While lead-based paint and gasoline has long been banned in the United States, lead and other dangerous pollutants can still come in contact with, and even be consumed by children. Pollution to the drinking water in schools has been a prominent topic over the last several years, and with the recent hurricanes and other natural disaster events, more concerns are being voiced as to the safety of students consuming water from drinking fountains in aging school buildings and those impacted by natural disasters like hurricanes and wildfires.
Potential Effects of Lead and Other Water Pollutants
Pollutants in school drinking water should be a concern to everyone, as future generations are greatly impacted by the quality and safety of their educational experience. It follows that the modern educational focus on the health and well-being of students minds and bodies should include a close look at factors we often take for granted, like drinking water.
Water pollutants, even in small amounts, can have a negative impact on the children consuming them. Lead is the most common pollutant found in elevated levels, as it leaches from sources like pipes and plumbing into the drinking water. The initial effects of consuming lead, commonly called a silent poison, are not very easy to detect. Lead poisoning affects the brain and nervous system, potentially causing developmental delays, learning difficulties, irritability, weight loss, sluggishness, and fatigue.
Other dangerous pollutants that have been discovered in school drinking water include: coliform bacteria, copper, arsenic, and nitrates. While the pollutants have only been found in a small percentage of schools in the United States, it is a concern worth voicing, as available solutions can ensure that safe drinking water is available for all students.
Why Schools Are at Risk for Polluted Drinking Water
School buildings built before 1986 are at a particularly high risk for lead pollutants in the drinking water because of aging pipes and the water often left stagnant inside them. Rarely is water left stagnant for long periods of time in most homes, but weekends and holiday breaks often leave schools with large amounts of stagnant water while students are away. As a result, any lead from the pipes themselves, or lead-soldered pipes can leach or flake into the standing water and build to unsafe levels. Following this build up, any water that has not been flushed through the system could be potentially unsafe for consumption.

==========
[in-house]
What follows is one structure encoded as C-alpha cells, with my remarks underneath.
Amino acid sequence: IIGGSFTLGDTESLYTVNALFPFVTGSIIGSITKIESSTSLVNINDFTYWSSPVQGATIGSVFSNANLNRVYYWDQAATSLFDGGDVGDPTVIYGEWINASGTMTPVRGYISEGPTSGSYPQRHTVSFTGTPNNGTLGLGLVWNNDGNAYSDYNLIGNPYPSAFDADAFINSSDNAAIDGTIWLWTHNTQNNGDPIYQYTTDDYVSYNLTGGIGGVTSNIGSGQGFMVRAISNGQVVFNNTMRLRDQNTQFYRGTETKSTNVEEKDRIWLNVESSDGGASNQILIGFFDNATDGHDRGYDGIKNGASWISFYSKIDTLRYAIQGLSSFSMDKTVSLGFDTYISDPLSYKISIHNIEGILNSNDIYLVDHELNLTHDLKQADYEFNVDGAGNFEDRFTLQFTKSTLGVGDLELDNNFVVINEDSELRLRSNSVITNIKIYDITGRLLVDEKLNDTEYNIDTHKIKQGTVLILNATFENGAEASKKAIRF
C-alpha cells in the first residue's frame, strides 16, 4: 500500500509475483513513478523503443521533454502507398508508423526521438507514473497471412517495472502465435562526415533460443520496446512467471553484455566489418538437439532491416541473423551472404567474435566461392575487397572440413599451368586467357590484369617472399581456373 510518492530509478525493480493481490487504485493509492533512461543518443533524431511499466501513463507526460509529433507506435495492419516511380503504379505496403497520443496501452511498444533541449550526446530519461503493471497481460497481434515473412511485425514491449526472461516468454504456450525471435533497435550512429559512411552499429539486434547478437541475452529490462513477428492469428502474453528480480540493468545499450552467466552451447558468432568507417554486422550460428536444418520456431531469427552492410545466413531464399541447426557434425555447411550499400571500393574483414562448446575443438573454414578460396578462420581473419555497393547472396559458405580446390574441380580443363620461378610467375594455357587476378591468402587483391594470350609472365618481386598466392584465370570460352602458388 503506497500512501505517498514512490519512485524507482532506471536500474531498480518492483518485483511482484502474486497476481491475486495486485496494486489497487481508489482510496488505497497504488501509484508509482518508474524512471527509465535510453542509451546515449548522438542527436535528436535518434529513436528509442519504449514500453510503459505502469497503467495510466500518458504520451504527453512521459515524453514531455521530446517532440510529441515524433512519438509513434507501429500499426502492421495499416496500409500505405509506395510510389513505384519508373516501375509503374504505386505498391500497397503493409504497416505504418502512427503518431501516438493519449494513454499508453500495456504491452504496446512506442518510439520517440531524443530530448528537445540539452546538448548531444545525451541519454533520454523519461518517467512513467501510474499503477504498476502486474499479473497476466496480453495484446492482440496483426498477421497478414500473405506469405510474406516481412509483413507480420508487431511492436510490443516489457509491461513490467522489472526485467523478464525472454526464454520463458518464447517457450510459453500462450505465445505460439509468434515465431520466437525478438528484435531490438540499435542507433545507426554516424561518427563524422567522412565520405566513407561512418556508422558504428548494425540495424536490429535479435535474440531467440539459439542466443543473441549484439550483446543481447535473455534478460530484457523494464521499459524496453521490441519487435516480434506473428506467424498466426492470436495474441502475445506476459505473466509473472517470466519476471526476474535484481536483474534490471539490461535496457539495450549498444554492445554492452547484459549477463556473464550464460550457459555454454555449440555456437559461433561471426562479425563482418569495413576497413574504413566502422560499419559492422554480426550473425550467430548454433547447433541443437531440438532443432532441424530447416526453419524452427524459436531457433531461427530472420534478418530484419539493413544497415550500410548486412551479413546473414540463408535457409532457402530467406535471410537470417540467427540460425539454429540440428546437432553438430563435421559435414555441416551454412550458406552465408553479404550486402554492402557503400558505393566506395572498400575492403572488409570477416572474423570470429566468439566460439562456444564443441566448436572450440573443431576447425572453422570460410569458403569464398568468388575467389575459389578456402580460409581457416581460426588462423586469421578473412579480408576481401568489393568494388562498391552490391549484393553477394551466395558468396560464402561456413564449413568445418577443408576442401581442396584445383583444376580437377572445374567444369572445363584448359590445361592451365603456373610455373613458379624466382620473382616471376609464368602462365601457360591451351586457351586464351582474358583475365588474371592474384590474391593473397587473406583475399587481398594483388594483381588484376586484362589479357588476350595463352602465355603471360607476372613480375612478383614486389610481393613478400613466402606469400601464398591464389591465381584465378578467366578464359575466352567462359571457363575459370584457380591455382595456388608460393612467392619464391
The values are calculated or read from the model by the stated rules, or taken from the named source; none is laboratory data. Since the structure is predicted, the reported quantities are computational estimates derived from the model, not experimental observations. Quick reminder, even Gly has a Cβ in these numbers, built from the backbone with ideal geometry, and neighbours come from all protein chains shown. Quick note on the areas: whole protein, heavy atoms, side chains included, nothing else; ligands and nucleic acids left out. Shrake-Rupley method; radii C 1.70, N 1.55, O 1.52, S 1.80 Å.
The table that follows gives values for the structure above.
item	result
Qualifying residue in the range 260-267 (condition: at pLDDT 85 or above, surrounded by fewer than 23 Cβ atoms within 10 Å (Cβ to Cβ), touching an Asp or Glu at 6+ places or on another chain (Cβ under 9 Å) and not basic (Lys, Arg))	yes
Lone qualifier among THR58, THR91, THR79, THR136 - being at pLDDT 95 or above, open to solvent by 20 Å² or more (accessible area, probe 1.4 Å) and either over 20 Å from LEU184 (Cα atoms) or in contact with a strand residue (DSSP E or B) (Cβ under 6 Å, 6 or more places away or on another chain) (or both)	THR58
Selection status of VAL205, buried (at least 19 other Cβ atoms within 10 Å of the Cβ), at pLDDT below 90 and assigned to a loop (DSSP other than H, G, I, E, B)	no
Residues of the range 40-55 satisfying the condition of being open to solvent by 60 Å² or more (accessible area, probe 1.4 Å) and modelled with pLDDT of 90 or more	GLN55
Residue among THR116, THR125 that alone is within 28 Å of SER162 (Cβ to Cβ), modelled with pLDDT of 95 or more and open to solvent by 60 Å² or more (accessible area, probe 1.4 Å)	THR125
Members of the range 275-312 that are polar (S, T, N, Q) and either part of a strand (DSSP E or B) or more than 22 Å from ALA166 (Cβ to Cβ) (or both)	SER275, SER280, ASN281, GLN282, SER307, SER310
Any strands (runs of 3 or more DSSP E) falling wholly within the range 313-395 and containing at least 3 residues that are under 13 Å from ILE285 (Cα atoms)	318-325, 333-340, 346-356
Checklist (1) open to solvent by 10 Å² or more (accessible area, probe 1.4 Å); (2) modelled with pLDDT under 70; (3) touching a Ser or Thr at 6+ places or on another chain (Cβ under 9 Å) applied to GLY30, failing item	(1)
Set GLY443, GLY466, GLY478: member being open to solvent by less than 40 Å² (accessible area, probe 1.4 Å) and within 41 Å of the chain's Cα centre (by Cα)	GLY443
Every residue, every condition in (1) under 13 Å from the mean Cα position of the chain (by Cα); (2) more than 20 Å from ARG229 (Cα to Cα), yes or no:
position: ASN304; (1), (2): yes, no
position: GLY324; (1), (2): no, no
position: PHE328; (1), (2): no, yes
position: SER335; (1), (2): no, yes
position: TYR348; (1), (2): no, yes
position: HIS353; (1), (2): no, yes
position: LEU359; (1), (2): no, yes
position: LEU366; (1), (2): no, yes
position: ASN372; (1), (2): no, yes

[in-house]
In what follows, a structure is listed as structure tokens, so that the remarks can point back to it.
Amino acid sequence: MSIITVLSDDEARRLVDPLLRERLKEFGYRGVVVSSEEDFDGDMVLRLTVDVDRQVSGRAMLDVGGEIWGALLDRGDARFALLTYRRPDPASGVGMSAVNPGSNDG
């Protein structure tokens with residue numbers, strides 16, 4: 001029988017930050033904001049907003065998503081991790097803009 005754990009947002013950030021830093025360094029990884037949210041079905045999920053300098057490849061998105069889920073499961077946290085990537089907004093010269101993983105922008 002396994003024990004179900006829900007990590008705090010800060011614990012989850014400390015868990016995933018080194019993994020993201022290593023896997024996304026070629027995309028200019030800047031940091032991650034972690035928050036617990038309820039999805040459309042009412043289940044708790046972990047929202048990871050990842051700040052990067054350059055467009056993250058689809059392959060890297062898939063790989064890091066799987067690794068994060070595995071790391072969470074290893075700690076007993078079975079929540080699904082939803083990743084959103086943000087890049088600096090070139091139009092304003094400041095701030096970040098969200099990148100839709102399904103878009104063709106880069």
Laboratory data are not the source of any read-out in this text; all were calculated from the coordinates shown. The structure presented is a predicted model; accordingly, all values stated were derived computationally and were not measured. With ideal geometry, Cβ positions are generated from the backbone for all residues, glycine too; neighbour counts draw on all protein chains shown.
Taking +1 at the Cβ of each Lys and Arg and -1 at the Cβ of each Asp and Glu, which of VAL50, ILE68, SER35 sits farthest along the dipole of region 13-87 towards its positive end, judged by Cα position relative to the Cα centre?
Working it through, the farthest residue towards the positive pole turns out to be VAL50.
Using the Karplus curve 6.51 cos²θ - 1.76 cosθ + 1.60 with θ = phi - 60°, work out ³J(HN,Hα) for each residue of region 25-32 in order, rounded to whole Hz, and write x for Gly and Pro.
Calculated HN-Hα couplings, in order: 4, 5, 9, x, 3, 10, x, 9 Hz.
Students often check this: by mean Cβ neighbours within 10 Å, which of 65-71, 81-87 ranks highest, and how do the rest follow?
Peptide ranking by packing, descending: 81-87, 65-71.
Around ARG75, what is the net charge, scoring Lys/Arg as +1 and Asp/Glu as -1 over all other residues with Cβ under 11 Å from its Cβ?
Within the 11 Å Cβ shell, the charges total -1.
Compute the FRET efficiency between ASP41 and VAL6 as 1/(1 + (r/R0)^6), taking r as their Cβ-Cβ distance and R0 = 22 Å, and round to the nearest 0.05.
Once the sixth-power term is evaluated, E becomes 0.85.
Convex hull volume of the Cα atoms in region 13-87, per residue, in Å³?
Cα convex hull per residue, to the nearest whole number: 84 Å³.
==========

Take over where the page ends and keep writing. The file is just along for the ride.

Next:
Of course, there is no safe level of lead, but there are preventative measures and solutions available. With the increase in awareness across the country, more and more schools are beginning to see water filtration and treatment as a necessary part of keeping students safe and healthy.
What Can Schools Do to Reduce Drinking Water Pollutants?
One expensive solution for schools interested in ensuring safe drinking water is to replace any aging piping. However, tight budgets and pressing timelines can make this solution nearly impossible. SSI Guardian offers a more affordable and incredibly effective tool for filtering drinking water, allowing schools to enjoy the confidence in clean water without the stress of completely replacing pipes, sinks, and fountains.
SSI Guardian carries the 3M Filtrete™ Max Under Sink System and the 3M Under Sink Full Flow Drinking Water System, both with the capability of reducing lead found in drinking water by up to 99%. These systems can be fitted to sinks and water fountains, and work to ensure that potential pollutants are removed from water being consumed by students.
While this is only one step in the process of ensuring that safe drinking water is available to everyone, your school can make student well-being a priority and be a part of the positive change in the country-wide conversation about safe drinking water in schools.